individual heroes.



I wish I could have found a scan of the entire sequence,
including the incredible closeup of Ororo's tongue and
teeth, that close up always amazed me. Just great
sequential storytelling, building tension and delivering a ton
of emotional impact, perfect comic book storytelling!



I just love the "mood" that this image created.... it really
struck me, and the composition is really strong, all the
implication and none of the violence actually shown on
camera.............it's like the scene discovering Chrissy's arm
on the beach in the early moments of Jaws.........



Those are my three moments from "inside" a book........
covers and pin-ups are a whole other subject!
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Josh Goldberg
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Posted: 19 May 2017 at 6:23pm | IP Logged | 20 post reply

"When I think of Byrne art, the first thing that comes to mind would be all the nuances of body language and facial expressions."
****

For me, it's the sets.  They look so real and lived-in.  Just look at this room. Look at the hat boxes under the bed.


Look at the living room.  The architecture: the staircase, the divider, the planters, all the knick-knacks on top of the piano.

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Greg Kirkman
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Posted: 19 May 2017 at 6:37pm | IP Logged | 21 post reply

Yeah, "props" and "sets" are expressive of character, and our host is a master at creating that stuff.
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Robert Shepherd
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Posted: 19 May 2017 at 7:23pm | IP Logged | 22 post reply

... I knew my work would never have the power of Kirby, or the quirkiness of Ditko, or the anatomical precision of Gil Kane, or the sheer magnificence of Kubert, so I decided -- counterintuitively -- to go the other was. To go for that thing that is so difficult to pull off in comics: subtlety. 

****

It's great seeing an artist with humility, but I have to disagree with you  (with all respect). Sure you nailed down the subtlety, and maybe your art isn't as quirky as Ditko's later style (it could have been had you wanted too), but I absolutely think you captured the power,  anatomical precision, and sheer magnificence.

In fact I think that's why your art stands out - you had the right balance of all those styles.

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Doug Centers
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Posted: 19 May 2017 at 7:35pm | IP Logged | 23 post reply

Regarding the Avengers panel above; my 13yo reaction was the same as Wasp's that she had made the cut, stunned!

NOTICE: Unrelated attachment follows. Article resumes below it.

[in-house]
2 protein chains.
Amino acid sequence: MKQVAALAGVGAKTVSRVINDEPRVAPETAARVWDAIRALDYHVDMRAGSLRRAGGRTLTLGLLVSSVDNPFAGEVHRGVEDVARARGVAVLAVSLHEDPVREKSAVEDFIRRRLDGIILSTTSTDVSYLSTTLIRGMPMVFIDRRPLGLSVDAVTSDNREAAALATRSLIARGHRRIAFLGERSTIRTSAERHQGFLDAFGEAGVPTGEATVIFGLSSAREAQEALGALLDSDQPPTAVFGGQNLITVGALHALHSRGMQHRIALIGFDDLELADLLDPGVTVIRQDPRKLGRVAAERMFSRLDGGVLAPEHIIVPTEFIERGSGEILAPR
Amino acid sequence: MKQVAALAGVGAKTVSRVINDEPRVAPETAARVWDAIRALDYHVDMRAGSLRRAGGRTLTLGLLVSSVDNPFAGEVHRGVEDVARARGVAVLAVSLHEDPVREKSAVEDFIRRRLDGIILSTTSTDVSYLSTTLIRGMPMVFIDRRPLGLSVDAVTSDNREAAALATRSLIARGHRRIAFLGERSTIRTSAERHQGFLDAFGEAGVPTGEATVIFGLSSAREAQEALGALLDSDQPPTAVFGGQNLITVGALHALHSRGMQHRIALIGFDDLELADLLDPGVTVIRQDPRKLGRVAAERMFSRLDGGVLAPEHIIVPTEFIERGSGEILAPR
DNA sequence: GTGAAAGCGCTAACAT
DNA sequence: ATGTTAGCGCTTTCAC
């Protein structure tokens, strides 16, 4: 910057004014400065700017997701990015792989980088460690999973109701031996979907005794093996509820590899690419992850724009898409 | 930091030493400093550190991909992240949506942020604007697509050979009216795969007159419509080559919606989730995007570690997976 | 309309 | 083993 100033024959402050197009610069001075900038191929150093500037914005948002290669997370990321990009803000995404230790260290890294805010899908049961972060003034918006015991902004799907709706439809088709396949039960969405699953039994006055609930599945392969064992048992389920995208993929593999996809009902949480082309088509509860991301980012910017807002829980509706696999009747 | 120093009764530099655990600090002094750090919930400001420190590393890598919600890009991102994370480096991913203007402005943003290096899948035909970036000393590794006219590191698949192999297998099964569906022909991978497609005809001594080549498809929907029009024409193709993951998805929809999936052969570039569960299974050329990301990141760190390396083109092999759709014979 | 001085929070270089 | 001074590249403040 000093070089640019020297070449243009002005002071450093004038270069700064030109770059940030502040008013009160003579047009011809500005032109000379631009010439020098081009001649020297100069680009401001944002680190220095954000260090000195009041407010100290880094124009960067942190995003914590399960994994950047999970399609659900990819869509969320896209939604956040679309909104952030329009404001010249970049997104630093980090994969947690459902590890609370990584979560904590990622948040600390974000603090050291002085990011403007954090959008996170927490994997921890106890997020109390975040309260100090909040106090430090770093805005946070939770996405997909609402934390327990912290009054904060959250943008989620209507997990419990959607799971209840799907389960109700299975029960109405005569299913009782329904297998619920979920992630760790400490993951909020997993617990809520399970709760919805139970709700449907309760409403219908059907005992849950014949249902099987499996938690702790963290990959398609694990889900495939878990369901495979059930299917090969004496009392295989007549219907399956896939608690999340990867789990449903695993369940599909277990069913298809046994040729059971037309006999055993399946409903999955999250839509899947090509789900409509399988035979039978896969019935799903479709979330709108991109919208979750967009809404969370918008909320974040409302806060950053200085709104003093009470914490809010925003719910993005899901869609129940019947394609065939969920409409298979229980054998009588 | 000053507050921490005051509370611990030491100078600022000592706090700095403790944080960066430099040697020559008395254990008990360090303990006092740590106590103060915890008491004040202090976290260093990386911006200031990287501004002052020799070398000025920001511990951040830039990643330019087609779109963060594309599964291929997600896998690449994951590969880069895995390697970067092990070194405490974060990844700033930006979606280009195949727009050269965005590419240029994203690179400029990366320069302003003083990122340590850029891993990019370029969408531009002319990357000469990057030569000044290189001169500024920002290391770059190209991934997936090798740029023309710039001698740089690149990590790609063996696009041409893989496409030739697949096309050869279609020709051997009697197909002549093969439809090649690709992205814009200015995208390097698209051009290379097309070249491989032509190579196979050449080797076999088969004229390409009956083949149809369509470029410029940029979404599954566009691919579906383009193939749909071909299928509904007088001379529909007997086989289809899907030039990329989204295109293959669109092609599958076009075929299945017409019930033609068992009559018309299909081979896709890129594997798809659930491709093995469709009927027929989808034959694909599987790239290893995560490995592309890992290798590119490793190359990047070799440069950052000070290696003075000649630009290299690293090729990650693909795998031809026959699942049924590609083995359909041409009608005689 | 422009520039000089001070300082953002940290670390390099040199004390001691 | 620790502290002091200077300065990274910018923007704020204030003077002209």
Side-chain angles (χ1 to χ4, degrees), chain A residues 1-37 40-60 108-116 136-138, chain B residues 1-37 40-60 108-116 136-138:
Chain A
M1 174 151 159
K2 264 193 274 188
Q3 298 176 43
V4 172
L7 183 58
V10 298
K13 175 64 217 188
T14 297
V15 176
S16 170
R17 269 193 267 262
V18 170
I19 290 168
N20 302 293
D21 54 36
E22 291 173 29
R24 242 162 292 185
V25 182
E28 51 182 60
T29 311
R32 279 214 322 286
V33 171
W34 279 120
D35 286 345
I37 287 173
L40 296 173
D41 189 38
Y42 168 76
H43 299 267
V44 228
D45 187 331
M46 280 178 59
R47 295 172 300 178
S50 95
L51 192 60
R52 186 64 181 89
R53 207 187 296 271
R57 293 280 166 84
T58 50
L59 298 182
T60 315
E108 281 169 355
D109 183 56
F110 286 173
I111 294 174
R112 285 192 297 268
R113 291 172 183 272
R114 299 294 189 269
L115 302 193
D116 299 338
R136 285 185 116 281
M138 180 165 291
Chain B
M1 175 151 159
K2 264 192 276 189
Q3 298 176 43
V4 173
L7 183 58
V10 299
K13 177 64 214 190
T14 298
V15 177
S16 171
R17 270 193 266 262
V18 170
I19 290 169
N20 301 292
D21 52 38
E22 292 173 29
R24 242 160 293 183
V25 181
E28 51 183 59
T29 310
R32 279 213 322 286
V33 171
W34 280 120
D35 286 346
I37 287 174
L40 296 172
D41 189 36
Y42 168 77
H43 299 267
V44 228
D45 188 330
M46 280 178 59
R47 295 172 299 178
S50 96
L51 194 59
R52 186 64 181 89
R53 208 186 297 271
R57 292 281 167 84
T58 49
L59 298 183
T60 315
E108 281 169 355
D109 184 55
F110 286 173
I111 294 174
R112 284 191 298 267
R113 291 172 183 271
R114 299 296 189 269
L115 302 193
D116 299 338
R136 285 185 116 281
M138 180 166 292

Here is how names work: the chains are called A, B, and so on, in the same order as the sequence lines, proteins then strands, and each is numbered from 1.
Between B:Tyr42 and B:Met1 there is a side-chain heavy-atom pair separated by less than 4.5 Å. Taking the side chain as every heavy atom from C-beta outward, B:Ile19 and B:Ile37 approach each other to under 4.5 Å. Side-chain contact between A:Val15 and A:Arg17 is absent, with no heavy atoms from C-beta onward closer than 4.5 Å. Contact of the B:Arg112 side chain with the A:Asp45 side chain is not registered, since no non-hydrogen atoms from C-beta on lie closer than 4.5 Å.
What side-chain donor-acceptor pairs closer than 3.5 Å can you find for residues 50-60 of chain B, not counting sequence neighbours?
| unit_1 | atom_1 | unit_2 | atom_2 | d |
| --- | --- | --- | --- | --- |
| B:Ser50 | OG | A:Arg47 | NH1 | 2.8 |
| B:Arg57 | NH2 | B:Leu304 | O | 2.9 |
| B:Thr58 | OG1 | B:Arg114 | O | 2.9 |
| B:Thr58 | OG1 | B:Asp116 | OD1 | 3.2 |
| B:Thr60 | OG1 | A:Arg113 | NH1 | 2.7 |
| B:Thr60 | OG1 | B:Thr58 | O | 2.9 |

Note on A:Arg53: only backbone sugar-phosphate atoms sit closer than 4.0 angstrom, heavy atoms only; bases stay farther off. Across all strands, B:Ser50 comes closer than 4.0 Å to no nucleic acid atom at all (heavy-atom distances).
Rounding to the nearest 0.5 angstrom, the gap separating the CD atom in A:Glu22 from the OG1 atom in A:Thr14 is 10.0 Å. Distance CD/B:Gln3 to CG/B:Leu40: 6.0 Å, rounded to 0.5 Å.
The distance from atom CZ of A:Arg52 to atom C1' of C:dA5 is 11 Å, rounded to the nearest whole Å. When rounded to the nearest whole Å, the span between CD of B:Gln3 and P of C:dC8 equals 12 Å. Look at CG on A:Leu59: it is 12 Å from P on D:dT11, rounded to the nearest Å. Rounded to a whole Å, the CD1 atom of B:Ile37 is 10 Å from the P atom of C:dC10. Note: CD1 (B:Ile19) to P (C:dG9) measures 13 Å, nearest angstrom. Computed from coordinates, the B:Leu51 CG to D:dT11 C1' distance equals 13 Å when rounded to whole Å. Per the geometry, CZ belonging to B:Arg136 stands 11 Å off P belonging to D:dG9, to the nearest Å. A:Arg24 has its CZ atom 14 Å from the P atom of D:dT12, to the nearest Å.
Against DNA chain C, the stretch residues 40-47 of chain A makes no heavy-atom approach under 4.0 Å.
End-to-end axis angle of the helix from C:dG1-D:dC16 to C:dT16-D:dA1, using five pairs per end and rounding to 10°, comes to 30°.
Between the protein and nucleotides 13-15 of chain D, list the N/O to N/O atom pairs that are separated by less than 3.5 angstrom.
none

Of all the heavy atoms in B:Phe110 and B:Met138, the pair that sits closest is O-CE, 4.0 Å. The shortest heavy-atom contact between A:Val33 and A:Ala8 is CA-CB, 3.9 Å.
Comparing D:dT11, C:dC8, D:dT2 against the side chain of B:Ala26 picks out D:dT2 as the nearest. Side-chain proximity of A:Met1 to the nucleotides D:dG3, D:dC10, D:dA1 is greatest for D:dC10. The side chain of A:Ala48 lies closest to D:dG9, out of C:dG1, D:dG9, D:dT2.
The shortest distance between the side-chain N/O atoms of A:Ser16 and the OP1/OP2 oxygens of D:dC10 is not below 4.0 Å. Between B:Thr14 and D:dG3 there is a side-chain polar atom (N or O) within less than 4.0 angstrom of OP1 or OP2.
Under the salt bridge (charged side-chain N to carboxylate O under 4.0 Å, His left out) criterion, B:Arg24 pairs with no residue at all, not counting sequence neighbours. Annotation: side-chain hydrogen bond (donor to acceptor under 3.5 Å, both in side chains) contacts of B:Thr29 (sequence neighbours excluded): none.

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Peter Martin
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Posted: 20 May 2017 at 2:53pm | IP Logged | 24 post reply

This from FF #242 is the one that unexpectedly sprang to mind:



The whole issue (and mini-arc) is a fave, of course, but what I like about this particular scene is the sense of fun, Ben using his great strength in a way that's kind of easy to relate to real life and that good old trope of the thugs getting their comeuppance when they pick on the wrong person. This was one of the first issues from JB's run I picked up and I also liked how there was a sense of the heroes being up to their own individual, special adventures in their own title -- Ben didn't look like the Thing I knew and I didn't know the story behind it. But I knew there was some kind of story behind it and it was fun to be involved.

On to #2 and it's one that's already been mentioned up-thread. It's from FF #285 and it's the panels juxtaposing the mention of the fuel turning poor Tommy into the Torch, and then Tommy's silhouette next to the fuel can. The reader is forced into adding 2 and 2 together together and coming up with the horrible outcome.

And my final one. I'm going to go with Alpha Flight #19.


I post the page above, but really it's the whole business of going back in time to find out what brought Ranaq back in the present, the wild west setting crossed with conjuring up one of the Great Beasts and then the inability to meddle with what has always been.


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Philippe Negrin
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Posted: 21 May 2017 at 10:06am | IP Logged | 25 post reply

Thanks for posting the scene with Storm and the hairpin Dusty. I think it might be my n1 as well. I remember spending hours looking at it and reveling in the horror and tension.